7 Principles to help you innovate like Amazon
- 7 mins read
Published on Friday 29th June 2018
Amazon opened its virtual doors over 20 years ago, and ecommerce is probably still wondering what hit it. Its founder (and currently the richest man alive), Jeff Bezos has continued to disrupt new markets while maintaining an outstanding level of customer service. It’s clear that Amazon’s phenomenal growth isn’t a fluke.
Bezos’ customer-centric approach, thirst for innovation, and willingness to go against the grain fuelled Amazon’s evolvement. But before we dive into what you can learn from Bezos – let’s go back to the 90’s…
“We see our customers as invited guests to a party, and we are the hosts,” Bezos has said. “It’s our job every day to make every important aspect of the customer experience a little bit better.”
Amazon launched as an online bookstore in 1994, a time when most people weren’t comfortable using their credit cards online (or the internet itself). Amazon was a hit, and it continued to expand its product range. And now, Amazon offers its customers more items than all of their country’s high streets combined.
Still looking to improve, Amazon is working on adding end-to end-logistics (including shipping), delivery trucks and drone deliveries to its ecommerce arsenal.
And that’s just 'Amazon.com'. So what else have Amazon been doing lately?
- Healthcare looks to be next on Amazon’s radar as it admitted its currently investigating ways to improve the cost of healthcare for their 840,000 employees.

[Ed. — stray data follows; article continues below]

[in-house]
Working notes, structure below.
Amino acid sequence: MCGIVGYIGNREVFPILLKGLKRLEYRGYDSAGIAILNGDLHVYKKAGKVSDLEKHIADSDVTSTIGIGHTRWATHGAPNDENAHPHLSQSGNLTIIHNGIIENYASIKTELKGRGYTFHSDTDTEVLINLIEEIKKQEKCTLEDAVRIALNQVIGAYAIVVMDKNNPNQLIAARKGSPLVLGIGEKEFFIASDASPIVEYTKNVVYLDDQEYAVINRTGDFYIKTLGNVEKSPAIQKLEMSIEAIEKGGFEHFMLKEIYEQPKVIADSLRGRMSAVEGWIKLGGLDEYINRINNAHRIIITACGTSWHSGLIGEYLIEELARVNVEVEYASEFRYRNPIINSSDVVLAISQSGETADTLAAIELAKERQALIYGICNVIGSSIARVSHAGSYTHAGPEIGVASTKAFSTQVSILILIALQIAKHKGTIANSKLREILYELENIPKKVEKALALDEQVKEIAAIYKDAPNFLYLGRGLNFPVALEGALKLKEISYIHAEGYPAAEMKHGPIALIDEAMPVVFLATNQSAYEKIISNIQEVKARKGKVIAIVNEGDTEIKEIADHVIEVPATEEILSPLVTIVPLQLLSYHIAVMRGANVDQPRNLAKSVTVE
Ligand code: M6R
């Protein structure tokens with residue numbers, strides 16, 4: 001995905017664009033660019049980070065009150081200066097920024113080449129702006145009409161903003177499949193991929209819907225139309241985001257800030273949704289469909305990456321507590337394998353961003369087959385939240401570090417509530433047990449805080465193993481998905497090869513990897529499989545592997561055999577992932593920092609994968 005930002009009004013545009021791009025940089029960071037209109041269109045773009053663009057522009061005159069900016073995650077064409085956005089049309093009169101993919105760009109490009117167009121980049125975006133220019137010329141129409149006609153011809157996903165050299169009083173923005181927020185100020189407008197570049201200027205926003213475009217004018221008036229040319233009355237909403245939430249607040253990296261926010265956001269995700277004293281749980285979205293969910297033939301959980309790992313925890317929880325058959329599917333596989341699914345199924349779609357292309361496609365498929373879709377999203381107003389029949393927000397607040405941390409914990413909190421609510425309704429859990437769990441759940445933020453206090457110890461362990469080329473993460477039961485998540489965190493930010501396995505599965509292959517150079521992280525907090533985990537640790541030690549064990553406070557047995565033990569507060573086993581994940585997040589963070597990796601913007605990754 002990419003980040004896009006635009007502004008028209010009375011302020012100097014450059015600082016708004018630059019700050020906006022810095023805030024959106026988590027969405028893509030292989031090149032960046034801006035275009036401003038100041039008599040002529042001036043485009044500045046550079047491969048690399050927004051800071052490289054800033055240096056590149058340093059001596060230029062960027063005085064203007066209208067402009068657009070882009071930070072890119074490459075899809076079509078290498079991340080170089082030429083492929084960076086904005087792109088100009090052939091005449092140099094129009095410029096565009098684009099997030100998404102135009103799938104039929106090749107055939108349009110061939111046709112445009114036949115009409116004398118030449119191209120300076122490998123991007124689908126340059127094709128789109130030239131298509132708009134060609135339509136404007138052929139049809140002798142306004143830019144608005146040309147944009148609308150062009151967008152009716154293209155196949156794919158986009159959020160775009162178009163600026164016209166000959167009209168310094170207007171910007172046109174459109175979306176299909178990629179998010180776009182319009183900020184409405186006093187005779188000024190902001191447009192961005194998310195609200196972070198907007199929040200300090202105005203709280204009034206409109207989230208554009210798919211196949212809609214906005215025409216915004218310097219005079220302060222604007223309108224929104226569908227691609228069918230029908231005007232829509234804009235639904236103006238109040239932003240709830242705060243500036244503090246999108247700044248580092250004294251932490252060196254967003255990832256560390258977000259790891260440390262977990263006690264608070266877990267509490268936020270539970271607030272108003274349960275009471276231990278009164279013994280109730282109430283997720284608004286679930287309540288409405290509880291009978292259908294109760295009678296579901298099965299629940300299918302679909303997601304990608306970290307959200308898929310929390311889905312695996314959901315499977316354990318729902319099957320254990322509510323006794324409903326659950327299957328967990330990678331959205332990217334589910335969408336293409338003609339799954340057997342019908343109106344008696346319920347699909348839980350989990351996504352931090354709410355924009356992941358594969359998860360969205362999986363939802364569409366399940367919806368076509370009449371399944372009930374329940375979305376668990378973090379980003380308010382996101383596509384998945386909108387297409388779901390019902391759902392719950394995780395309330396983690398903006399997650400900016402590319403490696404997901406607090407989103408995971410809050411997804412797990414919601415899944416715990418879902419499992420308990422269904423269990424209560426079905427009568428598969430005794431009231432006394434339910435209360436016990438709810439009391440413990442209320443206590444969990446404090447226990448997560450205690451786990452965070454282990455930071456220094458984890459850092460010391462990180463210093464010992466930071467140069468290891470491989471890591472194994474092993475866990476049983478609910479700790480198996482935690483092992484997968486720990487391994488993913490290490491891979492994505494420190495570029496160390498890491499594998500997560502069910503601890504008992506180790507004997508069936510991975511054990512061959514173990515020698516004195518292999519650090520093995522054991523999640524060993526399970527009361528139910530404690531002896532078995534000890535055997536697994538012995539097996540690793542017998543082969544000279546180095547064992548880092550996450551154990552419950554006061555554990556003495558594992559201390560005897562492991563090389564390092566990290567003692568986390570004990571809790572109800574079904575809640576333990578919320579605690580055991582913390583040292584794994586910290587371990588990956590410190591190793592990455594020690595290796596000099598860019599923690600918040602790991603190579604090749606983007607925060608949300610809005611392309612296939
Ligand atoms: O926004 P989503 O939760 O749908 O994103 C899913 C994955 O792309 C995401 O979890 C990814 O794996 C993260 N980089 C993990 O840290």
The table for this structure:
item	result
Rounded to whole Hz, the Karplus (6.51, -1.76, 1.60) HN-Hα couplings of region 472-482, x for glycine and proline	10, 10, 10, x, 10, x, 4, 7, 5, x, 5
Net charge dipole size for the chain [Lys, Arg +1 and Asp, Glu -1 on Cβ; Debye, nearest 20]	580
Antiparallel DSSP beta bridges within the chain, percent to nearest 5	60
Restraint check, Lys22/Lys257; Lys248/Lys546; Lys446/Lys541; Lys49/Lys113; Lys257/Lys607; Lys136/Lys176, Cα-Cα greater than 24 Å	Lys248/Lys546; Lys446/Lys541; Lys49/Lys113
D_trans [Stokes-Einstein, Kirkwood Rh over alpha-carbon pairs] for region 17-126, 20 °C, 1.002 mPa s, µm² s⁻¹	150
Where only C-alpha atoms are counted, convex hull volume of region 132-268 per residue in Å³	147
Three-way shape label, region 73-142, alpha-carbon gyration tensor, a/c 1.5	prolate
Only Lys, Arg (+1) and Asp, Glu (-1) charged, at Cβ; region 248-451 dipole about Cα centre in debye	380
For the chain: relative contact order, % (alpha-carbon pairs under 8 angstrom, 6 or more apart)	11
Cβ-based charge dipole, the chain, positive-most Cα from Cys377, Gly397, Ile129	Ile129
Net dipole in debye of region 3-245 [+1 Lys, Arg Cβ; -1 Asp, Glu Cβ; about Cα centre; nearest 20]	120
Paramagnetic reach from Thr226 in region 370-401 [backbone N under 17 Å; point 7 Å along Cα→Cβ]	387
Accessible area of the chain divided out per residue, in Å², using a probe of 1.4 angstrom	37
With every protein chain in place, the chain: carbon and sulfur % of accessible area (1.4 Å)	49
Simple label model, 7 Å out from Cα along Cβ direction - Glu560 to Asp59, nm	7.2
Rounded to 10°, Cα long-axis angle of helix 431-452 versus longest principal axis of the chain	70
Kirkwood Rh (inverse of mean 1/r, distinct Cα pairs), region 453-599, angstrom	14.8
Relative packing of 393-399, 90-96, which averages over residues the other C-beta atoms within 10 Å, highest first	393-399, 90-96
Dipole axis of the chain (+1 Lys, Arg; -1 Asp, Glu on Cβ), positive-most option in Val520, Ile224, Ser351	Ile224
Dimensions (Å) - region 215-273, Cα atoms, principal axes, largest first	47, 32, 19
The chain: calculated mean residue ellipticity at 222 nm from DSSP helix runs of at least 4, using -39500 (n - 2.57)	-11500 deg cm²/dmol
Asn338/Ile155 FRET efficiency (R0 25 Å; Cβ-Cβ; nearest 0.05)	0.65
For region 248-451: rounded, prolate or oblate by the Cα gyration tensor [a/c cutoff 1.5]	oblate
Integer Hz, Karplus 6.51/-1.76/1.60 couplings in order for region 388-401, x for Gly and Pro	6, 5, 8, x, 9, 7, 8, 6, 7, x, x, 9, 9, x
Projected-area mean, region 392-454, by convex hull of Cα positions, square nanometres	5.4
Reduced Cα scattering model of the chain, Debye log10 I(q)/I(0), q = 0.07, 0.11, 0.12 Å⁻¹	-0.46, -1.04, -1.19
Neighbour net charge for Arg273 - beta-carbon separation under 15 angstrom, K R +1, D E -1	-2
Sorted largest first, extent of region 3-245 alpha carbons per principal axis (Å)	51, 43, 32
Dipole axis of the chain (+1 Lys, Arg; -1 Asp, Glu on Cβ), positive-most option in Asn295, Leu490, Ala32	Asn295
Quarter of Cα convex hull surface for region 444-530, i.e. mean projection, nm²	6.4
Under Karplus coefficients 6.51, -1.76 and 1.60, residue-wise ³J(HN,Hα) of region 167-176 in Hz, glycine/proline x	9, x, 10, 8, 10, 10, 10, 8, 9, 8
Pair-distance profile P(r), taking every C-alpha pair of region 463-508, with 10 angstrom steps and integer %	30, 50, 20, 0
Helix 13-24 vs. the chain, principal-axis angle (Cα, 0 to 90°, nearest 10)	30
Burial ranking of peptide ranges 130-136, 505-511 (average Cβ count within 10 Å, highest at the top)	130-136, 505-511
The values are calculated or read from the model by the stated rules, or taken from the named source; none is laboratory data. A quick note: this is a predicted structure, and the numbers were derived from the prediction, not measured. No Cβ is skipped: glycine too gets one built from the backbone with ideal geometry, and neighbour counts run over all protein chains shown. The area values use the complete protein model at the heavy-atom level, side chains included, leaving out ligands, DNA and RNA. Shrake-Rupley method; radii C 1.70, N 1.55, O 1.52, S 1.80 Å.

- A new checkout-free convenience store, ‘Amazon Go’, is currently being trialled in Seattle.
- It was recently reported that AWS (Amazon Web Services) now powers 50% of the world’s websites.
- It recently acquired Whole Foods for $13.7 billion, a move that baffled journalists as they wondered why Amazon’s investing in offline retail (for a change)
Amazon may be loved by customers but it’s greatly feared by other businesses – so much so that Switzerland banned Amazon as they fear the damage it will have on their local economy.
So how did Amazon go from an online bookstore to one of the world’s most disruptive companies? Bezos has spoken openly about his approach and decisions that have shaped Amazon’s incredible scale and growth. His big secret? Customer service...
6 lessons you can learn from Jeff Bezos to innovate and deliver exceptional customer service like Amazon
1. Start with a bold vision
Why did Bezos name his company Amazon? Because Amazon is the biggest river in the world, and Bezos’ vision was to build the biggest store in the world. (Achieved...)
Long-term plans have always been integral for Amazon. Bezos believes this is essential to become a truly innovative company. Short-term plans will always leave you in reactive mode, playing catch up with your competitors.
2. Always put the customer first
Amazon’s mission statement is ‘To be Earth’s most customer-centric company’. So when drone deliveries are being planned, it’s not a case of ‘showing off’ – if drones mean customers receive their orders faster, then drones it is.
Putting customers first may sound like overly simplistic advice – but when it’s truly implemented, and you tap into what customers really want from you – opportunities for innovation will appear, which will add value to both your business and your customers’ lives.
3. Create a culture of experimentation
Experimentation shouldn’t be left exclusive to a handful of people; everyone should be involved as all employees at your company have a different day-to-day experience. There’s something to learn from every department.